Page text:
Sunday, May 9, 2010

I have a mom who read me stories

Mother’s Day came and went. I rang mom to wish her “Happy Mother’s Day”…she was happy that I rang, happy that I remembered. I hadn’t organised any presents although on her birthday, which was just a few days ago, I organised some chocolates and cake online for arrival on her birthday.

Mom loves cakes, in fact, she loves anything sweet. When she gets angry, she often takes out her biscuit tins or chocolate bars, if any, and munches. It must be for the sugar rush, and the high it provides.

Mom spent a lot of time on the call telling me what the domestic helper is doing wrong. For Mom, I am the boxer’s punch bag…I listen to her as she vents her frustrations.

There is much to say about Mom’s threshold levels – she has a very high tresh hold, for pain and suffering, and hard work. I hope I can develop such high tresh holds.

On this particular Mother’s Day, I am reminded of one of Mom's golden rules, one which I use on Princess as well. Never default on the time you should get home from school.

I remember once, after Chinese school, I was playing in the rain, oblivious to the rule that I was to head home right after school. Some friends of mine were playing in the courtyard, and I lingered to watch, then got tempted to stay, a bit longer. Then I got attracted to the game they were playing in the school courtyard, so I too stayed, to participate in the game. It was nearly dusk, and the sky was turning somewhat grey and dull. There was a surreal feeling to the school yard, all empty except for a bunch of school kids having a good time. I forgot the golden rule.

Mom came looking for me. I froze the minute I saw her. It was almost like death had come to visit. I knew for sure I would get a good walloping when I got home. No words were spoken as I trailed behind her on our way home. Me the errant sheep returned to the fold. My skin burned with shame, as I trudge behind her, in hurried steps. I could see fury written all over her face. I learnt my lesson that day.

I remember this incident because this is one of mom’s many golden rules that Princess has taken to heart. If there are changes to the time she needs to get home, she has to inform me, where ever she may be. I love this golden rule.

Once, I broke a set of tea cups when my skipping rope dragged an entire tray of cups onto the floor. My friends and I were livid with fear, watching the family cups crash into tiny pieces. My great grandmother was furious and cursing us in a language not suited for kids. I thought I would die from a good hiding. But mom didn’t even seem that bothered. She told me to pick up the pieces. No fuss over the shattered cups. I think the cups were not important for her. She knew how to distinguish between what is really important, and what is not. Breaking tea cups was a small matter in her scheme of things. Not keeping time was a major sin.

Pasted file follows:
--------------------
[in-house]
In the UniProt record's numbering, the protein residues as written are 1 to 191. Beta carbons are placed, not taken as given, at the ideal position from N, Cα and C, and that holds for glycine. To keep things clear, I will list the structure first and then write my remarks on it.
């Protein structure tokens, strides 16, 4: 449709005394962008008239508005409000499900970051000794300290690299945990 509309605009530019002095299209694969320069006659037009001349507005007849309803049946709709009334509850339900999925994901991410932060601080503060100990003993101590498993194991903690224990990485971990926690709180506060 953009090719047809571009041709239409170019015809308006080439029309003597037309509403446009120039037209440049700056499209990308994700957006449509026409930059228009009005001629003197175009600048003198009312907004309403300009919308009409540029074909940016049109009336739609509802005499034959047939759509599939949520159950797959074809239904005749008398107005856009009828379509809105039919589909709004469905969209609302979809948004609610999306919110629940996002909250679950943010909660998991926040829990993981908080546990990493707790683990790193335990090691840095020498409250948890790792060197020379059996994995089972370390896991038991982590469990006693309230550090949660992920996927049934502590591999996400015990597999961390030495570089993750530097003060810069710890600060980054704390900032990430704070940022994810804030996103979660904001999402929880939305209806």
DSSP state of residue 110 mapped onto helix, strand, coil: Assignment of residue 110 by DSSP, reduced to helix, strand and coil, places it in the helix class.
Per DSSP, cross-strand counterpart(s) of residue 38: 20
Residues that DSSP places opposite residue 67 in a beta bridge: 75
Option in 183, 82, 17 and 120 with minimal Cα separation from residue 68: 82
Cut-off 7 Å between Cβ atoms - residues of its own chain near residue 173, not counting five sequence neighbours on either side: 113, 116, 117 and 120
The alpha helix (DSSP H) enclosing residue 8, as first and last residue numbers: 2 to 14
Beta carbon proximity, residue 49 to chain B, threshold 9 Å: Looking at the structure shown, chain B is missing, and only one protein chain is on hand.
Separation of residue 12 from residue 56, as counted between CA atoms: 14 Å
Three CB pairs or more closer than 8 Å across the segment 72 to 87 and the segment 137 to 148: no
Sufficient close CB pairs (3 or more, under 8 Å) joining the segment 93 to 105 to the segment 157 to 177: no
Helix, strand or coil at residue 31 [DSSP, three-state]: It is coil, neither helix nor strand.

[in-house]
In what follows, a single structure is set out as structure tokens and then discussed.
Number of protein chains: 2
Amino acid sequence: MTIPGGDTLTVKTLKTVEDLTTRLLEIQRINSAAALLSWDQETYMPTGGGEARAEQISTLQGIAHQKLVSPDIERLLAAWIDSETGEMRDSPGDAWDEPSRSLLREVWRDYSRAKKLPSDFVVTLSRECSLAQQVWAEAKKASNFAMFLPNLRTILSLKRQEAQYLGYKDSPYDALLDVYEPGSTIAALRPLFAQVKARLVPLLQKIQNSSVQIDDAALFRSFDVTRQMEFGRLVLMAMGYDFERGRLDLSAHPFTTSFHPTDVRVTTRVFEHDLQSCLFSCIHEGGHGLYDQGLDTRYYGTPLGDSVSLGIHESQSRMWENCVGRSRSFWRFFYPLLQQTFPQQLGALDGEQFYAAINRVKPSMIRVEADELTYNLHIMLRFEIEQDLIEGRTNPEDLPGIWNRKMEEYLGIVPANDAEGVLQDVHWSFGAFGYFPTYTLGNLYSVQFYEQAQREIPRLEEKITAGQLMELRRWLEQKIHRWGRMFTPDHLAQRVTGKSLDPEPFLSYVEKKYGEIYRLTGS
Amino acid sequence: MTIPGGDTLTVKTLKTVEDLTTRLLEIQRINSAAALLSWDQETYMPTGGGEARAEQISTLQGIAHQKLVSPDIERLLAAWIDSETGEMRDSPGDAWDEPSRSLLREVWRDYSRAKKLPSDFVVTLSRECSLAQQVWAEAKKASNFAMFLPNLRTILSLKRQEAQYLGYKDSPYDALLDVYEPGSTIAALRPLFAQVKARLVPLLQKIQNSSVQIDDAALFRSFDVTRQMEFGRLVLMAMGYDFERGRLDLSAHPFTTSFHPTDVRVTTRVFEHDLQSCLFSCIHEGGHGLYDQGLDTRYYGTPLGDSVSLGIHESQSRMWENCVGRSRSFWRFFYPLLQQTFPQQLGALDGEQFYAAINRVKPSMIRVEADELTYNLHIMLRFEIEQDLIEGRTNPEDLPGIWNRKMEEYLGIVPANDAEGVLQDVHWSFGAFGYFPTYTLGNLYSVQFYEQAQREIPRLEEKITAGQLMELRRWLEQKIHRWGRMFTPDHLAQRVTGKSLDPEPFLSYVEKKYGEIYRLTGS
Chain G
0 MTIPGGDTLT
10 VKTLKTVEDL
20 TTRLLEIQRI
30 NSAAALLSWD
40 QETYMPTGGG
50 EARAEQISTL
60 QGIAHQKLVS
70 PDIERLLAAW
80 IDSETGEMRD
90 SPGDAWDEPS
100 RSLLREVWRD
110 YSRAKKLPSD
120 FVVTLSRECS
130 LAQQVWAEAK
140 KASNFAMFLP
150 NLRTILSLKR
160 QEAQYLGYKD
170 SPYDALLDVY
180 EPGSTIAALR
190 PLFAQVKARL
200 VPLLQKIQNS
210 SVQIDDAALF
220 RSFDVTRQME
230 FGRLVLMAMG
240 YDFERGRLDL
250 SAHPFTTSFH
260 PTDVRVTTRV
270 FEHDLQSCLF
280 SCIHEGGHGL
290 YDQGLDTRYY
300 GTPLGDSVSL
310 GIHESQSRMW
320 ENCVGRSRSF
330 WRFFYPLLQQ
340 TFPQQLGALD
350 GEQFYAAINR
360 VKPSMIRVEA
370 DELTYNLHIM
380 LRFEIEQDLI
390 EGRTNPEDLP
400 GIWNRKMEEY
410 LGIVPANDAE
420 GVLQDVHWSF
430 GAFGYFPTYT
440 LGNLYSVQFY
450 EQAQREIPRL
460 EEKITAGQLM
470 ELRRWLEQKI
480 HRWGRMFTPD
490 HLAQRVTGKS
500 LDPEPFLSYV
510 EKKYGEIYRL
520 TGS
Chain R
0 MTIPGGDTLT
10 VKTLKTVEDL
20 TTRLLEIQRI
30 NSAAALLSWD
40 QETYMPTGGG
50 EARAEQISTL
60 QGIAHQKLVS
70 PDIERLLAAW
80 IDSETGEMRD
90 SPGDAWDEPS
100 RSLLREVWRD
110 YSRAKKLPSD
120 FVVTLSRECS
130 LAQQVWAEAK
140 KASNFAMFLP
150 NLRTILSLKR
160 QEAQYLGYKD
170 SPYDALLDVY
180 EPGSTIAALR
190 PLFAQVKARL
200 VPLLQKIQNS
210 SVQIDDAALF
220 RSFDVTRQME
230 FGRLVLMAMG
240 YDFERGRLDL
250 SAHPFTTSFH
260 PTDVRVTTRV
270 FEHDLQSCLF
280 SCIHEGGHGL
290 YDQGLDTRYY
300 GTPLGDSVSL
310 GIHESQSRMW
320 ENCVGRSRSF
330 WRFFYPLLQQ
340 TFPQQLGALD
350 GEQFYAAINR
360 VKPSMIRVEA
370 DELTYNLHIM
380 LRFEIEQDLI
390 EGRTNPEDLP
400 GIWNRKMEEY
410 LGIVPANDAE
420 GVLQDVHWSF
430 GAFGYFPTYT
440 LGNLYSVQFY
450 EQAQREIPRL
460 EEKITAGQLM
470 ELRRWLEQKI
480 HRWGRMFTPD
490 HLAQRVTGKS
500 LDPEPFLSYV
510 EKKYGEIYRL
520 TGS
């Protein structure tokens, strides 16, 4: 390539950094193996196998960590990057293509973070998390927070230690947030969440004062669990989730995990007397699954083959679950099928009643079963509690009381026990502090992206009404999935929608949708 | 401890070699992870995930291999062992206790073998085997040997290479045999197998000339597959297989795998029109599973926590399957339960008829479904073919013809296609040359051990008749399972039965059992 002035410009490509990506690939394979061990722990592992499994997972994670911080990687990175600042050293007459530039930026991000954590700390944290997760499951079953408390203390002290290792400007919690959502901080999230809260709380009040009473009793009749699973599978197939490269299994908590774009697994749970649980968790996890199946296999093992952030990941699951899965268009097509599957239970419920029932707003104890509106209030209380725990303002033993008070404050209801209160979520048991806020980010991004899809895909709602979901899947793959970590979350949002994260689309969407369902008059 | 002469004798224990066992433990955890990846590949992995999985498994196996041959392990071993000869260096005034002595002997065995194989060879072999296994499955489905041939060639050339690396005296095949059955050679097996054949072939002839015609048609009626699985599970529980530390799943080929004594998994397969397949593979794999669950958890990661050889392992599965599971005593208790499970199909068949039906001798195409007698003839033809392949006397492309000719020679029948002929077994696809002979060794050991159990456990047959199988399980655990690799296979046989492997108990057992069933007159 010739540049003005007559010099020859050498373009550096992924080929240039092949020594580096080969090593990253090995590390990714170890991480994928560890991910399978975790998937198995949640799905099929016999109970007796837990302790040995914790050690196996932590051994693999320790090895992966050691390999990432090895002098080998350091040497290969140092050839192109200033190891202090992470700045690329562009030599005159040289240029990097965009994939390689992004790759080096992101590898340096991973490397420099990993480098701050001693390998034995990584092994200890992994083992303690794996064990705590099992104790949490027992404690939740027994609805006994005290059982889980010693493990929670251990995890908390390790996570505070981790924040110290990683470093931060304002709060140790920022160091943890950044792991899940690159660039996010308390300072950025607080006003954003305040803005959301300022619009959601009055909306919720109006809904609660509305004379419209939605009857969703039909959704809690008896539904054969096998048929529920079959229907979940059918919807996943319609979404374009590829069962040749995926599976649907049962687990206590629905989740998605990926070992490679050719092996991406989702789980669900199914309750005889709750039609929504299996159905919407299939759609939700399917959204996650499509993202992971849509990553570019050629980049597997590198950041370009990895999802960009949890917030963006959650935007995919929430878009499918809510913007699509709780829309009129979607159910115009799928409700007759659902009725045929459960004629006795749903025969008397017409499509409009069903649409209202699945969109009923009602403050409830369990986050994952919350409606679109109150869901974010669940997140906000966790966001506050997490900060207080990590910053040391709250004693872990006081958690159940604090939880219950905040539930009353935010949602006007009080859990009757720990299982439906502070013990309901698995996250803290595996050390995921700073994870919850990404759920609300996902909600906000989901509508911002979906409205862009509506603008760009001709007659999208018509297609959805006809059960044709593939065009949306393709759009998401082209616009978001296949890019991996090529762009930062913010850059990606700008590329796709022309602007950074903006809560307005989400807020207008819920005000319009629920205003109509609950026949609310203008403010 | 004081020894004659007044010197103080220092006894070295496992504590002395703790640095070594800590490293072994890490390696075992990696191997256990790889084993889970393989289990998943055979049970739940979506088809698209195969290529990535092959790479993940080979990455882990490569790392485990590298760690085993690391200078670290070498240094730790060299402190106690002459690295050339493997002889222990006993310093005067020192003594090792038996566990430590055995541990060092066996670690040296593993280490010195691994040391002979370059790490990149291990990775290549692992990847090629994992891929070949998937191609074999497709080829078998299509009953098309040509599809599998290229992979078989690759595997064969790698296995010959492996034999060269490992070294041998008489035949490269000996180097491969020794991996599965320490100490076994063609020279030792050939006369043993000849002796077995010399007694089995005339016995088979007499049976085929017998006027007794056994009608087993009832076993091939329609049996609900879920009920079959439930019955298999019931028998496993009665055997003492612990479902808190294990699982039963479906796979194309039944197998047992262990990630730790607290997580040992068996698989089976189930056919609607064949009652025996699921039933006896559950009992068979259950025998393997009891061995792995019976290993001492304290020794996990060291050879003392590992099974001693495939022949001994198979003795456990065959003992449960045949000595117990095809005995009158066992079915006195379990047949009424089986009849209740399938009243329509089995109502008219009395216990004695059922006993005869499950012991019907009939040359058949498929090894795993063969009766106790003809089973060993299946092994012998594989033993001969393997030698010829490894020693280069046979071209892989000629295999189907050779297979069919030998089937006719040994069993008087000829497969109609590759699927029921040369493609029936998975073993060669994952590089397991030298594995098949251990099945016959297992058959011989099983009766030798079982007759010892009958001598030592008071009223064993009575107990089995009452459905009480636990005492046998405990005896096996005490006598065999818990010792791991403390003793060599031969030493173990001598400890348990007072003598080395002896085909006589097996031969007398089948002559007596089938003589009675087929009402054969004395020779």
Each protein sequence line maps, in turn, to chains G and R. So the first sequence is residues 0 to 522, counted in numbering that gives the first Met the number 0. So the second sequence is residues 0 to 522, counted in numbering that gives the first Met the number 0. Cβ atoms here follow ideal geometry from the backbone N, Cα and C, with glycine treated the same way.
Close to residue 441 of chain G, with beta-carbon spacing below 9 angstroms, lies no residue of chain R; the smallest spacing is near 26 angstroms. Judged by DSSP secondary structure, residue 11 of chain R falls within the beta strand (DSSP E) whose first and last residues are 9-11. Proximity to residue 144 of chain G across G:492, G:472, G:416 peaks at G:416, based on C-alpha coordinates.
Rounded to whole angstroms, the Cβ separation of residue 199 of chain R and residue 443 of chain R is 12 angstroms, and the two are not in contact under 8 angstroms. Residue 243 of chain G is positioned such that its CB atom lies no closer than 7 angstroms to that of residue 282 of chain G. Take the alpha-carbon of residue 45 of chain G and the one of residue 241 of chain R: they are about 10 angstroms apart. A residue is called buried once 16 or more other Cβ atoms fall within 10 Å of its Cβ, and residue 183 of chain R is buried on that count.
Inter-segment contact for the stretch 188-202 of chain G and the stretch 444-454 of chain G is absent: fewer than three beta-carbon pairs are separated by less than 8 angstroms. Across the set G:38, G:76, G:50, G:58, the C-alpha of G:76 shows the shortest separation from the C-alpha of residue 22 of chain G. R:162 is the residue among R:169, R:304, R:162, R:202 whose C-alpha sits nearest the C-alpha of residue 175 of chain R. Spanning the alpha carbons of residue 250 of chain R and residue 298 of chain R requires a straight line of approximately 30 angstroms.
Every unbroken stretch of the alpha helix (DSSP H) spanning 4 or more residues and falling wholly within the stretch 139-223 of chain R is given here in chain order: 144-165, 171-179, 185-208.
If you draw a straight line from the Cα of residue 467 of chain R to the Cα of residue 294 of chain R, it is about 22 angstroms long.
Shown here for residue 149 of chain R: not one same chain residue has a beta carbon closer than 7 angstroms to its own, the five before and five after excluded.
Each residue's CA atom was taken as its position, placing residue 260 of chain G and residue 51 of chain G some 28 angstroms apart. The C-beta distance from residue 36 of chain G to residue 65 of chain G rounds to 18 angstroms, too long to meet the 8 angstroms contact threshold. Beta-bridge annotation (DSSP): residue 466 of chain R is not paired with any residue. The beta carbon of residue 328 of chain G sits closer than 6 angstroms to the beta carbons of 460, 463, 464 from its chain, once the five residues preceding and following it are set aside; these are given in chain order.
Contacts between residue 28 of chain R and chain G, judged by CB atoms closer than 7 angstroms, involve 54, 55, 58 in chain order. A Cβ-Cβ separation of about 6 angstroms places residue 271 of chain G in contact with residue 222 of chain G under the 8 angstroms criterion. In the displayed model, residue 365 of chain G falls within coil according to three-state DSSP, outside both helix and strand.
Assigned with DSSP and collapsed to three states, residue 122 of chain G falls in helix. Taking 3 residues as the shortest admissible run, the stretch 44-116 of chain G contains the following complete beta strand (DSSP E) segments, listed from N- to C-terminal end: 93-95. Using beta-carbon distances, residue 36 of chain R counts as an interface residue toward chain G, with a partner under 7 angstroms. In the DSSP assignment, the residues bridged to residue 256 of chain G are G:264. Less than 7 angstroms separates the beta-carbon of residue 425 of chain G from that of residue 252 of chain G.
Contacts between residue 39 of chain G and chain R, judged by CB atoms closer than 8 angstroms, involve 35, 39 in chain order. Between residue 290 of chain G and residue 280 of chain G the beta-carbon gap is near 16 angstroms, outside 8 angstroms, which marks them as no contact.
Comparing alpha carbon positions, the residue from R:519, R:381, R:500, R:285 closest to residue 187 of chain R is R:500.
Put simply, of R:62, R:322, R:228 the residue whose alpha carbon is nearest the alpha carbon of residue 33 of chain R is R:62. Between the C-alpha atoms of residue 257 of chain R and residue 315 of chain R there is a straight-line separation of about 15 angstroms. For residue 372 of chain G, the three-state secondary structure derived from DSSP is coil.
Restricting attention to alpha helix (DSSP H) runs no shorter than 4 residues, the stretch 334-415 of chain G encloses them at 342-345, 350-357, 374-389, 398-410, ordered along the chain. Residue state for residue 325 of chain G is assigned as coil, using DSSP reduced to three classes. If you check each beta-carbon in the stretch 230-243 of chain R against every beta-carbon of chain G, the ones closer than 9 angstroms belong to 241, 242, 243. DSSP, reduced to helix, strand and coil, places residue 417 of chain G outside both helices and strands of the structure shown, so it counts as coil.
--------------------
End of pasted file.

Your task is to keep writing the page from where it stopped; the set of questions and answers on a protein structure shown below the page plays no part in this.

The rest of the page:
I have a mom who loves a good yarn. How many nights have I spent listening eagerly to her interpreting for us, her readings from a Chinese newspaper serial of the story of a mute and how unwanted and unloved he was. How many nights have I wished I was the maiden traipsing across the bridge of birds as she went to meet her love, the cowherd. How many nights have I wondered about how lucky I was to be born in an era where girls were allowed education, not like the Butterfly Lovers (Liang San Bao, Zhu Ying Tai) where the heroin had to disguise herself as a man to get an education. How many times have I heard stories of the bizarre, of a maiden whose tummy grew full of scorpions due to evil magic, of crickets who grew so large, they terrorised me in my dreams.
(image:sourced from

If there is one thing I grew up with, it is mom’s love for romance, adventures, tragedies, or tales of sword and sorcery found in novels and movies. Once I woke up at 3am in our apartment, then in Singapore, to see the lights on in her room (her sister was visiting as well). I turned the knob of the door to see a sea of tissues on the floor, and two red-eye women, sniffling their hearts out to a tragic Cantonese serial! They burst out laughing when they saw me. I wasn’t sure if I should laugh or despair!

Here’s a poem I love that depicts in part my mom’s love for adventures and her love for newspaper serials and wuxia (sword and sorcery) serials. Thanks mom for all the stories you gave me as a child. Happy Mother’s Day!

The Reading Mom

I had a Mother who read to me
Saga of pirates who scoured the sea,
Cutlasses clenched in their yellow teeth,
"Blackbirds" stowed in the hold beneath.

I had a mother who read to me the things
That wholesome life to the boy heart brings-
Stories that stir with an upward touch,
Oh, that each mother of boys were such!

I had a Mother who read me lays
Of ancient and gallant and golden days;
Stories of Marmion and Ivanhoe,
Which every boy has a right to know.

You may have tangible wealth untold;
Caskets of jewels and coffers of gold.
Richer than I you can never be-
I had a Mother who read to me.

I had a mother who read me tales
Of Gelert the hound of the hills of Wales,
True to his trust till his tragic death,
Faithfulness blent with his final breath.

By Gillian, Strickland, "The Reading Mother."